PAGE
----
Mold lined the windows of a room in Hillside Hall for several weeks. Photo courtesy Danielle Spano.

by Theresa Brown and Mary Lind

The growth of mold in multiple dormitories across the University of Rhode Island has left students with an unclear picture of what the administration’s protocol is to fix the situation.

The process of cleaning the mold in dorms is relatively simple, according to Jeffrey Plouffe, associate director of housing and residential life (HRL) and Frankie Minor, director of HRL.

“Students report a problem, [HRL] go inspects it personally,” said Minor.

If the problem is simple enough to be dealt with without bleach, housekeeping staff will take care of it with fungicide. Minor explained that most of these situations can be dealt with in this manner. Minor noted that except for a few exceptions either one outside treatment or treatments from their staff have been enough to handle the situations. For those that can’t, outside companies are called in.

“We call in the outside company, they come in and treat it,” said Minor. “This is what they’re paid to do.”

The turnaround time for mold to be removed from a room varies depending on whether or not a housekeeping staff member can clean the mold or if an outside company will have to be brought in. However, both are supposed to be relatively short.

“If it’s a situation where our staff can come in and clean it, treat it and treat it with a fungicide, we can do that the same day,” said Minor. “It may be a day or so, but [outside contractors] do respond pretty quickly, and the treatment itself doesn’t take that long.”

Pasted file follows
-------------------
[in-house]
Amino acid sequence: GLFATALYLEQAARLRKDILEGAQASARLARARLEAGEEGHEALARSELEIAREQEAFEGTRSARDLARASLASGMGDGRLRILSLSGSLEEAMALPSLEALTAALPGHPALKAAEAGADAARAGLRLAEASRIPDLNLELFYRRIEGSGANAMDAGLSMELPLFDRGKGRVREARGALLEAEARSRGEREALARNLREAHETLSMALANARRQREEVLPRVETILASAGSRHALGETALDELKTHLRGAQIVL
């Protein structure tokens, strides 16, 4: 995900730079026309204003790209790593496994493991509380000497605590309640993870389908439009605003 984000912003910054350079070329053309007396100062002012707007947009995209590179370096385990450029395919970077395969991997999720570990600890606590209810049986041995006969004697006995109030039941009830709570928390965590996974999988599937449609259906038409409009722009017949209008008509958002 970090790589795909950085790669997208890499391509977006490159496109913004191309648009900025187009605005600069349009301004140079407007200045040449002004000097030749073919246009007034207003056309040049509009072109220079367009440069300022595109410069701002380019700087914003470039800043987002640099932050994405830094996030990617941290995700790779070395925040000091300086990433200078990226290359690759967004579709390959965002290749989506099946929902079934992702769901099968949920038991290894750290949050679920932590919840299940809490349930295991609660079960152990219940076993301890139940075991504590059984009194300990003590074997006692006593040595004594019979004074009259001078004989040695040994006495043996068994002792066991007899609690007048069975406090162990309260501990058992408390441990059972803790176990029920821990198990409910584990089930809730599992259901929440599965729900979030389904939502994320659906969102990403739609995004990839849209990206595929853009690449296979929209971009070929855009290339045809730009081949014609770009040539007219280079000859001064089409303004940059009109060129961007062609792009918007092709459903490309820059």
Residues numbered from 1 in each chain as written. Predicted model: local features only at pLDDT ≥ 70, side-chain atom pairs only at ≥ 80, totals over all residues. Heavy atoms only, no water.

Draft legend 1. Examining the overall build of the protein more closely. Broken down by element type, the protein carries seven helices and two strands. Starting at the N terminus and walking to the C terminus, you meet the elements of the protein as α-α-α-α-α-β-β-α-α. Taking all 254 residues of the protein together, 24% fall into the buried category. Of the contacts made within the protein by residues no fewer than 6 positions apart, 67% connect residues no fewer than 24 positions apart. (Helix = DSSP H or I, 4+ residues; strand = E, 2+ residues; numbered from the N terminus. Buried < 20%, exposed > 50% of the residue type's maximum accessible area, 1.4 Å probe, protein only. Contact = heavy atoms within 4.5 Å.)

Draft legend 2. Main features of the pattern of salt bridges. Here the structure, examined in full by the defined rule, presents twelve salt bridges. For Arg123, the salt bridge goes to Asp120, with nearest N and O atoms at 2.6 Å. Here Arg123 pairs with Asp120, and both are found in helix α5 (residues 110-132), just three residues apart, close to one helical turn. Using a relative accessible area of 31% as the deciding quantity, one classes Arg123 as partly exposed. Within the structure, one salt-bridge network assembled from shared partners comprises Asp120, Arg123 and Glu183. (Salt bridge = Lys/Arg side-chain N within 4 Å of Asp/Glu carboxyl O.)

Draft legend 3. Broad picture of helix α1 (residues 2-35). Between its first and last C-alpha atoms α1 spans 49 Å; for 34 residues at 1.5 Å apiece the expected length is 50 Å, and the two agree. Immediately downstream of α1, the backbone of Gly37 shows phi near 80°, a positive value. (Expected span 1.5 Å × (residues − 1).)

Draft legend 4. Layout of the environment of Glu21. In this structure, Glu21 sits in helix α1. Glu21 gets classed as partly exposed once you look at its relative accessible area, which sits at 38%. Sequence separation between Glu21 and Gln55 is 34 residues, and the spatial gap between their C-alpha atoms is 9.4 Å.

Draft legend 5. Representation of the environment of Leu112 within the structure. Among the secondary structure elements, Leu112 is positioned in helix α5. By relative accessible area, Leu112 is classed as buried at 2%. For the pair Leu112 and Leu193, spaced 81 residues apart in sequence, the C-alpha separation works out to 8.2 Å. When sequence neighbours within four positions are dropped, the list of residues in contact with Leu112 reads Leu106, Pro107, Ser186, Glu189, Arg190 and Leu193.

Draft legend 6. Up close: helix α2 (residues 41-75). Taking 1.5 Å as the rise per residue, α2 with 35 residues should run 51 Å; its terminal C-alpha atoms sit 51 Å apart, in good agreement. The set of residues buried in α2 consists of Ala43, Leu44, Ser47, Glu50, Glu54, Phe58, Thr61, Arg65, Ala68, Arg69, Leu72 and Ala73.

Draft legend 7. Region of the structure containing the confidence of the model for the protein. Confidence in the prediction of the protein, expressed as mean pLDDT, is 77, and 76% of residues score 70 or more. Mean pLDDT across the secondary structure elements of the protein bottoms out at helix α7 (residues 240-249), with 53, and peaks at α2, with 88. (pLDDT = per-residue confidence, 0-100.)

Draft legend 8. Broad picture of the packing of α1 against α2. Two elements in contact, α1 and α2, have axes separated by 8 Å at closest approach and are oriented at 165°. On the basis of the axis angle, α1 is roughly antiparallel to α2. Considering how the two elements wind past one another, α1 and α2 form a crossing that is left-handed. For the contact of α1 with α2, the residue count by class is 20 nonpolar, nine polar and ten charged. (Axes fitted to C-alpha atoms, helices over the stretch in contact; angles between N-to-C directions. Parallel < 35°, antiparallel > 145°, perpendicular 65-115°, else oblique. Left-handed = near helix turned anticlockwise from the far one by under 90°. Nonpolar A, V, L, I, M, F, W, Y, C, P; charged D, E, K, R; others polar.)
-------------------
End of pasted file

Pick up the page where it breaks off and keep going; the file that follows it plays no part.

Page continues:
Freshman students Megan Arnold and Natalie Pantelopoulos said that their turnaround for getting rid of the mold in their room in Barlow Hall was prolonged. According to Pantelopoulos, after checking on the mold the day after they had reported it to their resident advisor, HRL did not come back to clean it for 10 days.

“A week and a half goes by, and they still haven’t come back yet,” Pantelopoulos said. “So we told a different RA, we were just really annoyed with it.”

Arnold said that when HRL finally sent someone from housing to clean the mold, it was determined that they would need a professional to handle it. Two days later they were moved to another room so that the mold could be treated.

“An actual team came and they cleaned,” Arnold said. “They moved all of the furniture, we had to leave for the whole day.”

Trying to avoid the mold, Pantelopoulos and Arnold said that in the time it took the mold to be removed they tried not to be in their dorm because they didn’t want to sit around it.

Freshman Danielle Spano had a similar experience in her room in Hillside Hall. She said the problem began when condensation formed on her window. Spano said that the day after she told her RA about the mold, HRL found it growing on the top of their window and the ceiling. Spano and her two roommates were moved to a different room.

“[The mold] was so gross,” Spano said. “It was green, and it was everywhere.”

According to Spano, when moved to a different room, she was told that it would be three to four weeks before they were back in their original dorm. HRL told them it was unclear what the issue was.

“They told us they were going to take out the window, but they never took out the window,” Spano said. “Instead they just put sealant because they still don’t really know the problem, they said.”

Spano said that she reported the mold before winter break so she was surprised that it was still an issue when she got back.